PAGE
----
BVM - Nov, 2014 - page 107

Business View - November 2014 107
ity” that another cruise line will take up residence, a
change that would necessitate construction of a park-
ing garage to accommodate travelers who arrive by
A shift in the political climate in Cuba would also be a
plus, he said, thanks to the presumed boost it would
provide to the port’s incumbent largest tenant – Tropi-
cal Shipping.
“Where I would like to see us get more involved in
is having Far East investors look at Palm Beach and
South Florida, with the possibility of bringing in fin-
ished goods or finishing the goods here, manufac-
turing them,” Almira said. “I always use the example
of irons. Why not finish them here and from here go
ahead and transfer them to the international markets,
as well as to the United States?
“If you look north, we’re looking at about 300 million
consumers. Why not utilize the geography to best suit
that type of transportation? I have several meetings
coming up with investors over the next several weeks,
and I’ll definitely be bringing all of that up.”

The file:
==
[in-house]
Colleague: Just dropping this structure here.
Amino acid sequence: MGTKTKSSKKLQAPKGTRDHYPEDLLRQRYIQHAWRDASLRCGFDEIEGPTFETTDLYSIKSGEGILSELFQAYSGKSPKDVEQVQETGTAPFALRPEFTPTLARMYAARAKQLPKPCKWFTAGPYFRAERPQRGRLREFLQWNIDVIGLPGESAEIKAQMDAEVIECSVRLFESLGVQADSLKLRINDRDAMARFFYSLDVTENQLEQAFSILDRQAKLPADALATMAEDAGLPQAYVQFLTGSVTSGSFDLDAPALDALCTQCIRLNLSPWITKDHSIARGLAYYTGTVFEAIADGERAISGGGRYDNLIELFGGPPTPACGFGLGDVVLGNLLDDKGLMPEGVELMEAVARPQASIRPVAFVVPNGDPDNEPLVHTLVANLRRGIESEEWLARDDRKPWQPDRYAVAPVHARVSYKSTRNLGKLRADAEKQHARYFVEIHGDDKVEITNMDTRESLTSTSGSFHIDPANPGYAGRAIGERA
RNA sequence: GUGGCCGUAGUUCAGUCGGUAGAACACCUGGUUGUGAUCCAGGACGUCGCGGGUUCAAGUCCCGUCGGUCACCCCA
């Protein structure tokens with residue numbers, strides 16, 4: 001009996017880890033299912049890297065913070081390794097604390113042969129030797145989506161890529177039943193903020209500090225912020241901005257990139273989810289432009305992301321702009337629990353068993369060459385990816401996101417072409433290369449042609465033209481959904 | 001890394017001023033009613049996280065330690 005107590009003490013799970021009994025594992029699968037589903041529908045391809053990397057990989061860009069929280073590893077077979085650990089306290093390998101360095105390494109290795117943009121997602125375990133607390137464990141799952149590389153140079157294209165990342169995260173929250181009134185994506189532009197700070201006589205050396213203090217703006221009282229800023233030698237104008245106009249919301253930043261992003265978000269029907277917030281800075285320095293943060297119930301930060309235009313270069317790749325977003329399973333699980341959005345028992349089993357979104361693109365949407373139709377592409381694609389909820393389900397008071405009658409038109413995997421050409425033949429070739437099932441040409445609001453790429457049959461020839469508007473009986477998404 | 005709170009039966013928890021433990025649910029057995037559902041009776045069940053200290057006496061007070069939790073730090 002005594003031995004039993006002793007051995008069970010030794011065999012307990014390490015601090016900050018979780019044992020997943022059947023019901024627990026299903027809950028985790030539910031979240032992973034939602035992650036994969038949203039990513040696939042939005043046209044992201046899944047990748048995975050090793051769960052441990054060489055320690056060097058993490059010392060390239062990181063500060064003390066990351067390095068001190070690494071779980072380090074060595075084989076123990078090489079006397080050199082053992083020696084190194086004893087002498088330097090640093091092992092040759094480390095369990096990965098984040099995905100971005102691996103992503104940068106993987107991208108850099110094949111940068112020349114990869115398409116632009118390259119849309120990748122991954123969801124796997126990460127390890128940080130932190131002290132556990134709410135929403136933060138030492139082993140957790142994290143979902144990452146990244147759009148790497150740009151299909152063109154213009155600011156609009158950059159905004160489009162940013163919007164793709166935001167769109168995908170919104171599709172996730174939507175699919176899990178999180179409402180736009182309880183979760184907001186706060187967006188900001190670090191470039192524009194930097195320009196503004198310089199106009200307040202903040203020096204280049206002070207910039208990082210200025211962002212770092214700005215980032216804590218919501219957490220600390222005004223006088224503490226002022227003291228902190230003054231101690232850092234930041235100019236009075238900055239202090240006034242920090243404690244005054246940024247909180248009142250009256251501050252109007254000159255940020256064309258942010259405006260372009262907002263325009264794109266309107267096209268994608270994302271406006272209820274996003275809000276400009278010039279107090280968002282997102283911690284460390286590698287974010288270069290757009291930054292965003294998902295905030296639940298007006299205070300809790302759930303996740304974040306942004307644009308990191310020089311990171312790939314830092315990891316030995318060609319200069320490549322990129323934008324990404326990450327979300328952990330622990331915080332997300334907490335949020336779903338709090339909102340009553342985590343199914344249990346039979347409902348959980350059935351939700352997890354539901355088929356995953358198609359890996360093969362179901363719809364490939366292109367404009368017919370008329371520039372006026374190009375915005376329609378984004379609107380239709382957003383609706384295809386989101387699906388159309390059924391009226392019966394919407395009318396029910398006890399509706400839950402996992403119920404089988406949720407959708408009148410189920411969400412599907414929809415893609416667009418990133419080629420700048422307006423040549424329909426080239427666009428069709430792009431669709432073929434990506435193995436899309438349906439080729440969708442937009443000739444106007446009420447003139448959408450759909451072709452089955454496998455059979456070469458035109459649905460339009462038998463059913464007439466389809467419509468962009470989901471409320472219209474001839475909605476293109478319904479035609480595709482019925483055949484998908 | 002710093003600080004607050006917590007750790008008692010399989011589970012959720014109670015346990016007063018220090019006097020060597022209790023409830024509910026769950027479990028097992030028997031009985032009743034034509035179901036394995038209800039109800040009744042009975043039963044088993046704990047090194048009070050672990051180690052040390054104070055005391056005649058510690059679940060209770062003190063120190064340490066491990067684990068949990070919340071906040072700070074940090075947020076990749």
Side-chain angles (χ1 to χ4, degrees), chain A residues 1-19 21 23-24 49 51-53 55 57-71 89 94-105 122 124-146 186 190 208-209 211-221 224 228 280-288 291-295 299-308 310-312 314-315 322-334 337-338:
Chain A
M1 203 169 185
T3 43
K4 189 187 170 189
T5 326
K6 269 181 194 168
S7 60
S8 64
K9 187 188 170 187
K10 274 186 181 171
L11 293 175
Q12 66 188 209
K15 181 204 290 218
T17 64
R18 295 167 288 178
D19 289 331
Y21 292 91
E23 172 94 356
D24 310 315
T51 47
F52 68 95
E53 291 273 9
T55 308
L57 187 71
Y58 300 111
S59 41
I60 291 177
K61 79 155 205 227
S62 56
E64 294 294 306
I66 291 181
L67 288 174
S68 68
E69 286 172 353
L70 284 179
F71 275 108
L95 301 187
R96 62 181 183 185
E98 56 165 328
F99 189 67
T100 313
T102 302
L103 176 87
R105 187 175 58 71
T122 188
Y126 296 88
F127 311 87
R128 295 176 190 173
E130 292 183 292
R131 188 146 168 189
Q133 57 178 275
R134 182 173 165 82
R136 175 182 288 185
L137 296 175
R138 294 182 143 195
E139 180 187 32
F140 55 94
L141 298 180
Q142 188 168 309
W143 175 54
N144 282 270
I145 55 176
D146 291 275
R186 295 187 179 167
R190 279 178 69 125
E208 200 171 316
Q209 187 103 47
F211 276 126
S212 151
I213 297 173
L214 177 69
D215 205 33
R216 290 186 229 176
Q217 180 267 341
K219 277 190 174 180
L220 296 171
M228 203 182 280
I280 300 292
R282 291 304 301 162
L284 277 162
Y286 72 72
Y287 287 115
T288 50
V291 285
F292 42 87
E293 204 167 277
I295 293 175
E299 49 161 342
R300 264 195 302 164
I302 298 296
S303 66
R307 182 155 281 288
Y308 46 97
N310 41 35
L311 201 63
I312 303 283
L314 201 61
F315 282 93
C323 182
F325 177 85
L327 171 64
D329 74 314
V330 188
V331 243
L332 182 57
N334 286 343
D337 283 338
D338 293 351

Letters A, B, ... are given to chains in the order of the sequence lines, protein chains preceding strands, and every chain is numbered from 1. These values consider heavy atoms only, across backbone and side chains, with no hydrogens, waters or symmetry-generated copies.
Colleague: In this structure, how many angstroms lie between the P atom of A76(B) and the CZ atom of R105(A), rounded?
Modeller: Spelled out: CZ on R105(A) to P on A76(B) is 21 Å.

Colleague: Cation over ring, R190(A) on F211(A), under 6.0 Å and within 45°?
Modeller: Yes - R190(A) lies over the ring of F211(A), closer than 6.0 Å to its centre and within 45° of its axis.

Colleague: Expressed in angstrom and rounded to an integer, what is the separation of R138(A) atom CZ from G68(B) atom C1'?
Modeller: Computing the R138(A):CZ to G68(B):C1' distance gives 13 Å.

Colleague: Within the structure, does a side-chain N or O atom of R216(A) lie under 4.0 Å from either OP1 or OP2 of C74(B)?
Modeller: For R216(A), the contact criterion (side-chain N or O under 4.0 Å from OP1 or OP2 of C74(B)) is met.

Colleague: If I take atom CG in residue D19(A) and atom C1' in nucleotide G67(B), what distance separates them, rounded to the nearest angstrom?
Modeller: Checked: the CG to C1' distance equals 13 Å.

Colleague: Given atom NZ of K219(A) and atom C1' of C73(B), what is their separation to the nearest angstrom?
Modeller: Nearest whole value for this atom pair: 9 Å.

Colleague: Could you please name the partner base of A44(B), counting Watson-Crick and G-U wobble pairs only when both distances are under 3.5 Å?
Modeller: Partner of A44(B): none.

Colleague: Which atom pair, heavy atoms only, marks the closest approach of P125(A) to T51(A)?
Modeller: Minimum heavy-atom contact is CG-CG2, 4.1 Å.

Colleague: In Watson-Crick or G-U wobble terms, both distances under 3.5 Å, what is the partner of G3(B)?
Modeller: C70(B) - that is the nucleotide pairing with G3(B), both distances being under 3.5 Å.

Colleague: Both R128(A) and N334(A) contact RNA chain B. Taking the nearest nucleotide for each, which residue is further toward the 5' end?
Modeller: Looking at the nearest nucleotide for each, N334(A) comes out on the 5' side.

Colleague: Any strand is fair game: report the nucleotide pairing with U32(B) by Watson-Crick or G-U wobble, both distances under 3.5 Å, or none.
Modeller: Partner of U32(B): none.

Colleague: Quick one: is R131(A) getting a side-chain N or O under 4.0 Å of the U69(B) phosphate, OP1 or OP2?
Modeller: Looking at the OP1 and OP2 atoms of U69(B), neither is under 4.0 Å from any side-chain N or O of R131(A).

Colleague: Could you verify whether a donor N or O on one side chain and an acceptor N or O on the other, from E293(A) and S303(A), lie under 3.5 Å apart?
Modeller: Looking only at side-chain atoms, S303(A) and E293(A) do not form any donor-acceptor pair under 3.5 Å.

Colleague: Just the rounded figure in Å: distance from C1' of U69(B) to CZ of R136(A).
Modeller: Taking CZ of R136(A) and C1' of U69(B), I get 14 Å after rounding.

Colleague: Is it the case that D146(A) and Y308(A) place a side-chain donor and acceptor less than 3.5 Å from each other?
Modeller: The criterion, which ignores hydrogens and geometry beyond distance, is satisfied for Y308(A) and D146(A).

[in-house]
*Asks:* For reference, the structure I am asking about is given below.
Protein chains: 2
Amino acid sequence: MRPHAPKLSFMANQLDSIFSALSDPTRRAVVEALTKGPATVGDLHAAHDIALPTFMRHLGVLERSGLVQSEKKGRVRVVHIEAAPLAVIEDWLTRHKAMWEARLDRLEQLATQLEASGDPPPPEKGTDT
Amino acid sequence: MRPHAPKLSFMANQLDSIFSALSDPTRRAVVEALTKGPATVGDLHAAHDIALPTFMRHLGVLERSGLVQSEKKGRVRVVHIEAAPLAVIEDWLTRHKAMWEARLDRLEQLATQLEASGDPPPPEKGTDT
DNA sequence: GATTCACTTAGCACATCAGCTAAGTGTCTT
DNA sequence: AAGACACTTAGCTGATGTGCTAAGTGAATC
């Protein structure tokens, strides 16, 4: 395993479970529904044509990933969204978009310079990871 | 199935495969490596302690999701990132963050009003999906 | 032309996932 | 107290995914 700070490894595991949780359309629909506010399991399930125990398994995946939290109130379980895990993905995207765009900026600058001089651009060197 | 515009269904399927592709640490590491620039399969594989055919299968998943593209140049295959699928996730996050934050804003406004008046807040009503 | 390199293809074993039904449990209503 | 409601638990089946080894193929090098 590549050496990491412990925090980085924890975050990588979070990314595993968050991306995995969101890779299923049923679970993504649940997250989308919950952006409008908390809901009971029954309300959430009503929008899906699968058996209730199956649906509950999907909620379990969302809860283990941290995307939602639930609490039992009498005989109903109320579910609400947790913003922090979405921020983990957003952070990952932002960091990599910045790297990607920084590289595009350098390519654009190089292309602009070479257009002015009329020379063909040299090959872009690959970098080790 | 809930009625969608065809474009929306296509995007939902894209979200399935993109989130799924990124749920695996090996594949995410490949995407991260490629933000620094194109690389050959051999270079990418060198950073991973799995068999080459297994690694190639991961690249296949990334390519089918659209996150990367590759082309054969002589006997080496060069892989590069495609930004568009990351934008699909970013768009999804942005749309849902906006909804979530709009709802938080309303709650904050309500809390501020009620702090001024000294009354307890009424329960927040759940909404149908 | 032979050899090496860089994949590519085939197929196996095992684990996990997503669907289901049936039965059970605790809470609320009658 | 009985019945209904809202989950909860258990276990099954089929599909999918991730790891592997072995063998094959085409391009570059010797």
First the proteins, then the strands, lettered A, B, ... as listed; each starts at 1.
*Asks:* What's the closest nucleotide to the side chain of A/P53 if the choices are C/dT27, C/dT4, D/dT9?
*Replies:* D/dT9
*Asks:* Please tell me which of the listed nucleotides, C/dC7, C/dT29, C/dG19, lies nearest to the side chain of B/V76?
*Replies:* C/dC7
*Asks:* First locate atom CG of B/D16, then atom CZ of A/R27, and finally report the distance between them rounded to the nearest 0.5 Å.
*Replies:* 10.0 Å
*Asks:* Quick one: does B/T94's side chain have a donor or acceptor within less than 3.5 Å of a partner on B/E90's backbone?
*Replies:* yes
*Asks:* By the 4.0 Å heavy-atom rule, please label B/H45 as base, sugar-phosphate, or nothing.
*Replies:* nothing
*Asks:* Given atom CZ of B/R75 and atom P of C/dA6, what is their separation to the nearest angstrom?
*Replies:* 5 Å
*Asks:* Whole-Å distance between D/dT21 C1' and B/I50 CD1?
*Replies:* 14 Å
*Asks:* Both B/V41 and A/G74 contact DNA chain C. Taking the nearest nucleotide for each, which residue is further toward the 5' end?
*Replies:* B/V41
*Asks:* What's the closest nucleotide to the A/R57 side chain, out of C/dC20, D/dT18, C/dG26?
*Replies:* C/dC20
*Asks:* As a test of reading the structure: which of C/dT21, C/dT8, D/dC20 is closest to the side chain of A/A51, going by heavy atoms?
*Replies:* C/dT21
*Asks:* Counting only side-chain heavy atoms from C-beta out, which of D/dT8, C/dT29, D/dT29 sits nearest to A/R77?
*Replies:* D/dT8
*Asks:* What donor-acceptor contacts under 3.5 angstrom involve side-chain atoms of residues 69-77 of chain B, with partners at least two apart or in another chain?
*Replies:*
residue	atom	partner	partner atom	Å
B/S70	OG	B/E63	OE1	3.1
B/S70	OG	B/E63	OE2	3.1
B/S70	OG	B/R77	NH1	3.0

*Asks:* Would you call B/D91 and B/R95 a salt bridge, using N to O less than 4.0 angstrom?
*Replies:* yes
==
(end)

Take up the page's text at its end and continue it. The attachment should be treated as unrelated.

: Family-owned business that’s now
in its fourth generation of operation since being es-
tablished in 1925. More than 1 million square feet of
distribution space across multiple Florida-based facili-
ties. Its 350 trucks travel more than 3 million miles
per year and its facilities have a combined total of
95 loading docks set up to receive inventory.
: A fully licensed custom broker and
freight forwarder that has assisted importers and ex-
porters with forwarding arrangements since 1943.
Can handle cargo in any customs port in the United
States with an assurance that shipments will move
seamlessly and reach their destinations on time, ad-
hering to customs laws and regulations.
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